Stripe rust is caused by the fungus Puccinia striiformis and is one of the most prevalent and destructive diseases of wheat in the world. It has caused major losses in wheat crops around the world for many decades, and it continues to be a problem. Kansas wheat losses from Stripe Rust have been reported up to 40% in individual fields during years with higher precipitation. In the past 10-15 years, stripe rust has become increasingly more of a problem in Southwest Kansas. According to Harlan Bartel, Crop Quest Agronomist from Cimarron, KS, some years it can almost become an epidemic, and other years there is next to nothing. In 2014, stripe rust pressure was next to nothing.
Stripe rust is one of the three major rust diseases that are prominent: stem rust, leaf rust, and stripe rust. Stripe rust is different from the other two in that the pustules usually form in a narrow and diagonal line parallel to the leaf, rather than randomly on the leaf. They are also a brighter orange in color than leaf rust, which is more brownish red. The pustules are small, and usually spherical in shape. As the infection increases, the stripes are very visible and are easily seen.
Agronomists and farmers need to be active in scouting for this disease in wheat, in order to catch it early in its lifecycle, and apply control measures before it becomes rampant. Be especially vigilant in scouting when the leaves have been wet consistently for 12 hours or more. Cool, damp conditions and high humidity are the most conducive for spore germination. The spores germinate rapidly during temperatures of 50-60 degrees Fahrenheit, with infection being seen anywhere from 32-77 degrees Fahrenheit. The spores overwinter, and are capable of surviving for several months in a living host plant. Thus, controlling the disease early on is important and vital for crop health.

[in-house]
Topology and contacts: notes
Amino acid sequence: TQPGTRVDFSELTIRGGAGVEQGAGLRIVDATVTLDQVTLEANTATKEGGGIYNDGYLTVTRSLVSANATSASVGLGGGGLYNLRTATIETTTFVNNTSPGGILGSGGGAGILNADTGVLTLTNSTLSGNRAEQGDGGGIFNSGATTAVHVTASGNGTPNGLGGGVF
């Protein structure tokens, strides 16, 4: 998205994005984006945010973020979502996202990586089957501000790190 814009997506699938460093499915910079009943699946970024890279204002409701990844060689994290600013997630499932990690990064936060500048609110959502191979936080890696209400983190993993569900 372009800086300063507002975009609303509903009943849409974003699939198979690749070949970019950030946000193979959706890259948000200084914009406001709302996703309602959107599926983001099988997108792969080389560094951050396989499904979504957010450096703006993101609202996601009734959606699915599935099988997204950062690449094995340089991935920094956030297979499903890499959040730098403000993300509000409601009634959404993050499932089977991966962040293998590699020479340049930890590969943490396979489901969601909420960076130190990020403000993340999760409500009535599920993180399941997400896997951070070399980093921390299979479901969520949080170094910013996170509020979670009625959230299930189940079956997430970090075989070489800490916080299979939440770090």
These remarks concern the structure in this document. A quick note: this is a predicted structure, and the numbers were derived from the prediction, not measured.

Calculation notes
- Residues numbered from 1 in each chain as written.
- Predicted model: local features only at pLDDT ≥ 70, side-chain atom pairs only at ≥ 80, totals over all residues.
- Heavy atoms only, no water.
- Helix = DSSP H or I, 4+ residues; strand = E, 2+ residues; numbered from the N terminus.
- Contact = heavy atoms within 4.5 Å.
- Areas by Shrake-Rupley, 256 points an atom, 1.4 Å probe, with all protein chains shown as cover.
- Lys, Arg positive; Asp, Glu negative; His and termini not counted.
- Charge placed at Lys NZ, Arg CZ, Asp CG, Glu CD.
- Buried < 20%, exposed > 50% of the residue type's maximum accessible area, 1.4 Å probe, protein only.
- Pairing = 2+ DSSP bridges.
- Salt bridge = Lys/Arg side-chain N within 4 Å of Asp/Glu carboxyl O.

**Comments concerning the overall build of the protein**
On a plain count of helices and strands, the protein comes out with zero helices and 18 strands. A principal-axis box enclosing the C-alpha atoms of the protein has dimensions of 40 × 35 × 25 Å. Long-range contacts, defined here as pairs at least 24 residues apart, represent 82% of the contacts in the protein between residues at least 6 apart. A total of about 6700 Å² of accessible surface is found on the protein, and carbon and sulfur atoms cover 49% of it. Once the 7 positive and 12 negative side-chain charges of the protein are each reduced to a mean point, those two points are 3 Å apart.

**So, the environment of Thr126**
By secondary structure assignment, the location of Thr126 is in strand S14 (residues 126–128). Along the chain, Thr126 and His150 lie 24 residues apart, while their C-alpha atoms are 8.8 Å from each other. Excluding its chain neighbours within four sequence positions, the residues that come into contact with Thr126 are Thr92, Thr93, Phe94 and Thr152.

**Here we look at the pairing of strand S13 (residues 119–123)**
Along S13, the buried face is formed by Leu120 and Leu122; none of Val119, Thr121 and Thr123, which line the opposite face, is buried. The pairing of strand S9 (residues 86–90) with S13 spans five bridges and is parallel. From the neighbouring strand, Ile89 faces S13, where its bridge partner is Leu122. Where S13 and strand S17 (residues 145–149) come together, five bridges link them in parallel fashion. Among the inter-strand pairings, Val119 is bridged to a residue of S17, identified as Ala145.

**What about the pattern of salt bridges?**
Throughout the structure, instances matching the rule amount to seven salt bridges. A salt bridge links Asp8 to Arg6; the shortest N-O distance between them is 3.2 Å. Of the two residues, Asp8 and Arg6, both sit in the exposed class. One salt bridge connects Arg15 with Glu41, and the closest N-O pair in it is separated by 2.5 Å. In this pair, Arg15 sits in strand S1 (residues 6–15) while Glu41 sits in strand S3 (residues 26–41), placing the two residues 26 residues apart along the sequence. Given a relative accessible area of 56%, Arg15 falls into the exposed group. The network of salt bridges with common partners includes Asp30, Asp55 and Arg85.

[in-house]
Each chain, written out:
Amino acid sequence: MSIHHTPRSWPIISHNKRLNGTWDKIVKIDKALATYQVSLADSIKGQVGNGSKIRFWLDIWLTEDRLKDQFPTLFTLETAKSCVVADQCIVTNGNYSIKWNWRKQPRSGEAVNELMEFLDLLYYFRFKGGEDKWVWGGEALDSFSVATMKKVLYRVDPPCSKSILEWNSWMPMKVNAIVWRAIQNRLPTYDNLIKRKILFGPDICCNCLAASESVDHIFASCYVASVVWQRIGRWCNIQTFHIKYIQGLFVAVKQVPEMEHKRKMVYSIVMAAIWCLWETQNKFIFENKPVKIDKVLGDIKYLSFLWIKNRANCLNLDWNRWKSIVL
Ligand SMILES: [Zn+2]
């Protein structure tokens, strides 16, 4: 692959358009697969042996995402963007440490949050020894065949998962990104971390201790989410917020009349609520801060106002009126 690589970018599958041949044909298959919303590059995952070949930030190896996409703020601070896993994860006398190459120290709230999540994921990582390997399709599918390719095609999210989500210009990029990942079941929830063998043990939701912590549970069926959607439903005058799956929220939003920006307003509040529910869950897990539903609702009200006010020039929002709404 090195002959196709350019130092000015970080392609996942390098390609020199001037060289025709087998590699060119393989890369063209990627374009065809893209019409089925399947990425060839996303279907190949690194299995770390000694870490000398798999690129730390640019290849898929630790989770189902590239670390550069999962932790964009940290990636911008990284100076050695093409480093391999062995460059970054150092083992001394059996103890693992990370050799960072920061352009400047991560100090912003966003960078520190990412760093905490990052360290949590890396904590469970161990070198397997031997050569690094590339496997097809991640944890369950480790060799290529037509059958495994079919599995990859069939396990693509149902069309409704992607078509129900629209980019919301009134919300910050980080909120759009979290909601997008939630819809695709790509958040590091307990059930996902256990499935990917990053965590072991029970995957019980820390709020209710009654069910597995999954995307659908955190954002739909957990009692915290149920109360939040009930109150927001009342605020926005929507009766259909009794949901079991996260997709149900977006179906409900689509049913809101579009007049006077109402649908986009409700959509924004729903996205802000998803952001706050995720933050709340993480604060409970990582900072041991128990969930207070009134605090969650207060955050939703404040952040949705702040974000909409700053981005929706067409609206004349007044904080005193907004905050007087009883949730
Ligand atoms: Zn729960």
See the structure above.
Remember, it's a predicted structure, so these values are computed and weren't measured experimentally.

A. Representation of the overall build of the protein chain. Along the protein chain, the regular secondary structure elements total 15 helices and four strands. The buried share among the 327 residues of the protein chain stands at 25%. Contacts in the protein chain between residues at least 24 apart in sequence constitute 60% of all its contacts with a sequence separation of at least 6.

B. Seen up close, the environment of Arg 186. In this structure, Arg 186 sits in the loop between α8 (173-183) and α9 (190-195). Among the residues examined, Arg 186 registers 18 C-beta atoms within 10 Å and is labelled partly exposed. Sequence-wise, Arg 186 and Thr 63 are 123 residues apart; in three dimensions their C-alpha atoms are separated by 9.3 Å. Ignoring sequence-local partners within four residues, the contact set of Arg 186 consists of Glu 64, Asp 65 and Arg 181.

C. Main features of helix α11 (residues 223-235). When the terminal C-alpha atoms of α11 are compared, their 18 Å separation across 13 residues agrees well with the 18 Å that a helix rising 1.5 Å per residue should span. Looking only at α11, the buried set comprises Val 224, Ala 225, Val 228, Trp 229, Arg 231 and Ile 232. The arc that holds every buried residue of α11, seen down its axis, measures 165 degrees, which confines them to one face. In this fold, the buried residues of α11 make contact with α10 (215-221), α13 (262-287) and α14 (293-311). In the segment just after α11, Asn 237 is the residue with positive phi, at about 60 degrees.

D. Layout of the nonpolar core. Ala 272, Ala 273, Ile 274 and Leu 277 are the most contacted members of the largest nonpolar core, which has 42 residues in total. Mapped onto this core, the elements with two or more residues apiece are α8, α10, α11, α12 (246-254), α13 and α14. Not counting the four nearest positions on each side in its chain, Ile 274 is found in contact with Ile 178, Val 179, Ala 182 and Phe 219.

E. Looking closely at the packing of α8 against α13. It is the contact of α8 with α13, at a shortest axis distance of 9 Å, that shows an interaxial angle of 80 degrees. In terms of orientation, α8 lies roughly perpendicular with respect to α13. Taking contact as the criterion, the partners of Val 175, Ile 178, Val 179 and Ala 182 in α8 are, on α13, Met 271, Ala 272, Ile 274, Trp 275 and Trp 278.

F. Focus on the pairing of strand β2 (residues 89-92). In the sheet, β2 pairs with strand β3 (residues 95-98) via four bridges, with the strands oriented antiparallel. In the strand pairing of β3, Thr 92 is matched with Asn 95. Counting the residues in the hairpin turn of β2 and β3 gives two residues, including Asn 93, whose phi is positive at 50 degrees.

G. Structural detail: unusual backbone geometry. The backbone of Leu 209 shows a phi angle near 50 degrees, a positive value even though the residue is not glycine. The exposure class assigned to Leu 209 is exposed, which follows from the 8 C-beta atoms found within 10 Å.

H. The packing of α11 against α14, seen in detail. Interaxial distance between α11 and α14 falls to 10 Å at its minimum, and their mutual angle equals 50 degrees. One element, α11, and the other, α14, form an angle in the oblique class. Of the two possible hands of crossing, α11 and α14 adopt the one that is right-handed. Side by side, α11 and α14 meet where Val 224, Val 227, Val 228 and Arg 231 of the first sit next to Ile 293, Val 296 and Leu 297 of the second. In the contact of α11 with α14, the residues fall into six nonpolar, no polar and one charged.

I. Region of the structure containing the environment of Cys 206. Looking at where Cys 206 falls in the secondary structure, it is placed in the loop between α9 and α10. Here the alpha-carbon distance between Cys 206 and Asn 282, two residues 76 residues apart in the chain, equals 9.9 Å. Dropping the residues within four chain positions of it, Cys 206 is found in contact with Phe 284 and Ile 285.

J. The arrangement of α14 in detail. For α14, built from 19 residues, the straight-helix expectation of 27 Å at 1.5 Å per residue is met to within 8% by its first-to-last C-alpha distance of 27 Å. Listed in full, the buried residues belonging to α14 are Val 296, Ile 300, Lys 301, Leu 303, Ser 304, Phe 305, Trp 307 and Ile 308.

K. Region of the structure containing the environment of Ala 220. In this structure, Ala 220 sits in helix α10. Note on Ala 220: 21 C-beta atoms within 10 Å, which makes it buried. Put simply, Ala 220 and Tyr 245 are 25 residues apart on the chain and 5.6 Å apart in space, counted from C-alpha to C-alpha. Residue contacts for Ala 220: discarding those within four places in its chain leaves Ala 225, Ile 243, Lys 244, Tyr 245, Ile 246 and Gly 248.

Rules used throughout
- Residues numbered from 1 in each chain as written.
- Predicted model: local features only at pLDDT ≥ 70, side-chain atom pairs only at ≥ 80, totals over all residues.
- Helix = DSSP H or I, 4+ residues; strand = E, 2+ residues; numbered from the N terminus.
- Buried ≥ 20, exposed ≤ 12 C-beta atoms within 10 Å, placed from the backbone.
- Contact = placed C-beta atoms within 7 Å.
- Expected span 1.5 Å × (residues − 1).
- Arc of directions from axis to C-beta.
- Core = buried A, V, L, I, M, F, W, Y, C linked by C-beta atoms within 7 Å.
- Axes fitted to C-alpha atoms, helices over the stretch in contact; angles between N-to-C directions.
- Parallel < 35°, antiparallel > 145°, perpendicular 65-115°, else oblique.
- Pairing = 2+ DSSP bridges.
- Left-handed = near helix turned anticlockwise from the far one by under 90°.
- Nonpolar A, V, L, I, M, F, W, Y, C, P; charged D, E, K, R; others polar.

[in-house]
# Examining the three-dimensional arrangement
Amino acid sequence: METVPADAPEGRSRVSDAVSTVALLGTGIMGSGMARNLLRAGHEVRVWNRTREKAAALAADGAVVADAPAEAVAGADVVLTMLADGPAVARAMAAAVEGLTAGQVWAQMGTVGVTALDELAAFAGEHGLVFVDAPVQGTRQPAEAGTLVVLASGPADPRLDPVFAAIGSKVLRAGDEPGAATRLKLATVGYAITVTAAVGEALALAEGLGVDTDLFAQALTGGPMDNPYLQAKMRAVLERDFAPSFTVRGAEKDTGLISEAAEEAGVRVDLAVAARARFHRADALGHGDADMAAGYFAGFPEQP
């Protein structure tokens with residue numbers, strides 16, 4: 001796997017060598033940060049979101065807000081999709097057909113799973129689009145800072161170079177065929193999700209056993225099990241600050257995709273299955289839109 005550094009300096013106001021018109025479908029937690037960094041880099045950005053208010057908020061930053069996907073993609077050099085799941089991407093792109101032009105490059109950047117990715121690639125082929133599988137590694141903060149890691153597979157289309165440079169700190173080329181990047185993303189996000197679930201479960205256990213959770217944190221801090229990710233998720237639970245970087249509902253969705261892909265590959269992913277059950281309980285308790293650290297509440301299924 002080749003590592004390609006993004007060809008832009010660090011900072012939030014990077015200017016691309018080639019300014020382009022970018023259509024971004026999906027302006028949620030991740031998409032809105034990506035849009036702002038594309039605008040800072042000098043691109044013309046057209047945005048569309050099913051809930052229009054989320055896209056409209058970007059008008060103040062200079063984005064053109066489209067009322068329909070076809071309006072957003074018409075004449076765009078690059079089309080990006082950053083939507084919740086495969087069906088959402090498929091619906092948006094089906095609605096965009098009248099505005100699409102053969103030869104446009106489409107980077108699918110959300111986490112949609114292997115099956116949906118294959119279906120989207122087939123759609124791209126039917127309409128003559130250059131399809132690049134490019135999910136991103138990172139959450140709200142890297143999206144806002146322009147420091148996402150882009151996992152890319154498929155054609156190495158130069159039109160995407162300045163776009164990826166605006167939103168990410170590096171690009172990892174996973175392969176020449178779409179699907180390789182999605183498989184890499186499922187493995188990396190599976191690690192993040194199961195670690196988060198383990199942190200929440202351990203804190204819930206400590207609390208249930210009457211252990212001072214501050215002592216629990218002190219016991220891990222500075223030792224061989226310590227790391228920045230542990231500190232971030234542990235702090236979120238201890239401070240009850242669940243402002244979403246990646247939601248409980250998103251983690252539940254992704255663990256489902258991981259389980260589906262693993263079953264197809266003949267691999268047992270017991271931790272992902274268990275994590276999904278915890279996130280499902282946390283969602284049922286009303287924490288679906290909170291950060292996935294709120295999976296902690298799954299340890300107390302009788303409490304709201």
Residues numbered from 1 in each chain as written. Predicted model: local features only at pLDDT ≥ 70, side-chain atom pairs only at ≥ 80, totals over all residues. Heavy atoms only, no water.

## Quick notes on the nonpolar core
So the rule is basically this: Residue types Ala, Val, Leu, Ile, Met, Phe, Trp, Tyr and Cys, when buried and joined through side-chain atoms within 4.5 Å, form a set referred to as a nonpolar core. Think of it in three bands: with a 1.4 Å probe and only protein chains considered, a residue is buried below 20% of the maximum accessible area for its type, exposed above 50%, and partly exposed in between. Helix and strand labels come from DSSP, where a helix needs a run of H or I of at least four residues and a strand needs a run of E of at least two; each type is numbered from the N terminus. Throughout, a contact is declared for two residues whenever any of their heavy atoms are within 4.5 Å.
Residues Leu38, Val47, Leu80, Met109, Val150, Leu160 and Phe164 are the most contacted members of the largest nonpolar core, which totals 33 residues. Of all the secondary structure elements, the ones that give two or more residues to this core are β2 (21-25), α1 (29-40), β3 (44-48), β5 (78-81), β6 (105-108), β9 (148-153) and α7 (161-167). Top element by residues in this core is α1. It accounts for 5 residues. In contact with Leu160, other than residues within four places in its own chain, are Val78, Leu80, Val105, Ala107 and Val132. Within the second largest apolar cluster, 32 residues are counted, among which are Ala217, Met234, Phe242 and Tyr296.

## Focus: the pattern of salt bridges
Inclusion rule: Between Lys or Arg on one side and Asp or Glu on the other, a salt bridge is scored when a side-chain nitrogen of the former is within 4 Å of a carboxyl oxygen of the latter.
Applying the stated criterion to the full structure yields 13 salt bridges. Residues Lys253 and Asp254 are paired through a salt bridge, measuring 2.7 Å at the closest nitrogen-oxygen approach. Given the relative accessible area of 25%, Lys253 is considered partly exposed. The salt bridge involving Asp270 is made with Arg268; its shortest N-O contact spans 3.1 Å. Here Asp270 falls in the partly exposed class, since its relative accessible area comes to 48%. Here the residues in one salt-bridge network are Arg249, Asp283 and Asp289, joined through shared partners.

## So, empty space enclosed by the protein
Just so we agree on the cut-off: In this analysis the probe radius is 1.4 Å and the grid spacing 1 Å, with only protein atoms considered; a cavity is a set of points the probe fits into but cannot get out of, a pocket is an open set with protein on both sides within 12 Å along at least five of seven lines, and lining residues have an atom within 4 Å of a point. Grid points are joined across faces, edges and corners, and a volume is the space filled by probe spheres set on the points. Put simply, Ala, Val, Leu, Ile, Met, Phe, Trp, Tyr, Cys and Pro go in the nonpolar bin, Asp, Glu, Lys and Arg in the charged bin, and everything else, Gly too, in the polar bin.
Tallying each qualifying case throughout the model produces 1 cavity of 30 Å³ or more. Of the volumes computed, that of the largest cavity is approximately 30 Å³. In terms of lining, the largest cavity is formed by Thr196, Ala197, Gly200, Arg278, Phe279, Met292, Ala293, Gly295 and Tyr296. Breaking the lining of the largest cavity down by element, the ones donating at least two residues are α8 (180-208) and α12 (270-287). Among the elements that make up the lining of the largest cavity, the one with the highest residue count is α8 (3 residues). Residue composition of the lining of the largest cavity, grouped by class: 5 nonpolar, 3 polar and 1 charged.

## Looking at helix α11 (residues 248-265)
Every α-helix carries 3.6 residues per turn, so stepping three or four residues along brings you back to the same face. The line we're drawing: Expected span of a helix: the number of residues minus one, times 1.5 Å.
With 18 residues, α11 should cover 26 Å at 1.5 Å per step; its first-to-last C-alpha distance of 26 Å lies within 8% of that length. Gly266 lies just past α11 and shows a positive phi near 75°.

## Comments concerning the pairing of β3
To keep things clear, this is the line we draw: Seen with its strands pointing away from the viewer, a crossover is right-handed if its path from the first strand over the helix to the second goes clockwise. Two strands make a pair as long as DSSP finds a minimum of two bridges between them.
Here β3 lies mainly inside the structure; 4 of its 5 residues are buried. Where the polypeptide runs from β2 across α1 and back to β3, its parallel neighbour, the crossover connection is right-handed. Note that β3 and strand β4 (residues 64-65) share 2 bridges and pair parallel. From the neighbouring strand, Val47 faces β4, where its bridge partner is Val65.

If stripe rust is found, control measures should be taken before it spreads to the flag leaves. Protecting the flag leaf is very important and should be a major concern for farmers. If the infection gets on the flag leaves, it can cause severe yield loss. Spraying the field early has been shown to give the best results. Economic response in crops with high yield potential seems to be much better with early spraying than with late spraying. It is suggested that foliar fungicides be sprayed before 5% of the flag leaf area is infected with stripe rust.
There are several options and management practices that can be used to control the disease. First of all, planting resistant wheat cultivars has been effective. Selecting earlier maturing wheat varieties can minimize the intensity of the pressure. Controlling volunteer wheat minimizes many disease and insect problems. Delaying planting can reduce fall infection. Spraying fungicides is one of the most effective treatments and control options. K-State researchers have found that triazole fungicides work “very well” in most situations. Using products that contain both triazoles and strobilurins are also very effective treatment options.
Regardless of the treatment options and management practices that are implemented, it is important to be on the lookout for stripe rust early in the season, especially if weather conditions are cool and wet.
Article Written By: Abigail Bartel, 2014 Agronomist Intern, Montezuma, KS Division; Kansas State University
Featured Image By: Howard F. Schwartz, Colorado State University, Bugwood.org (5362120)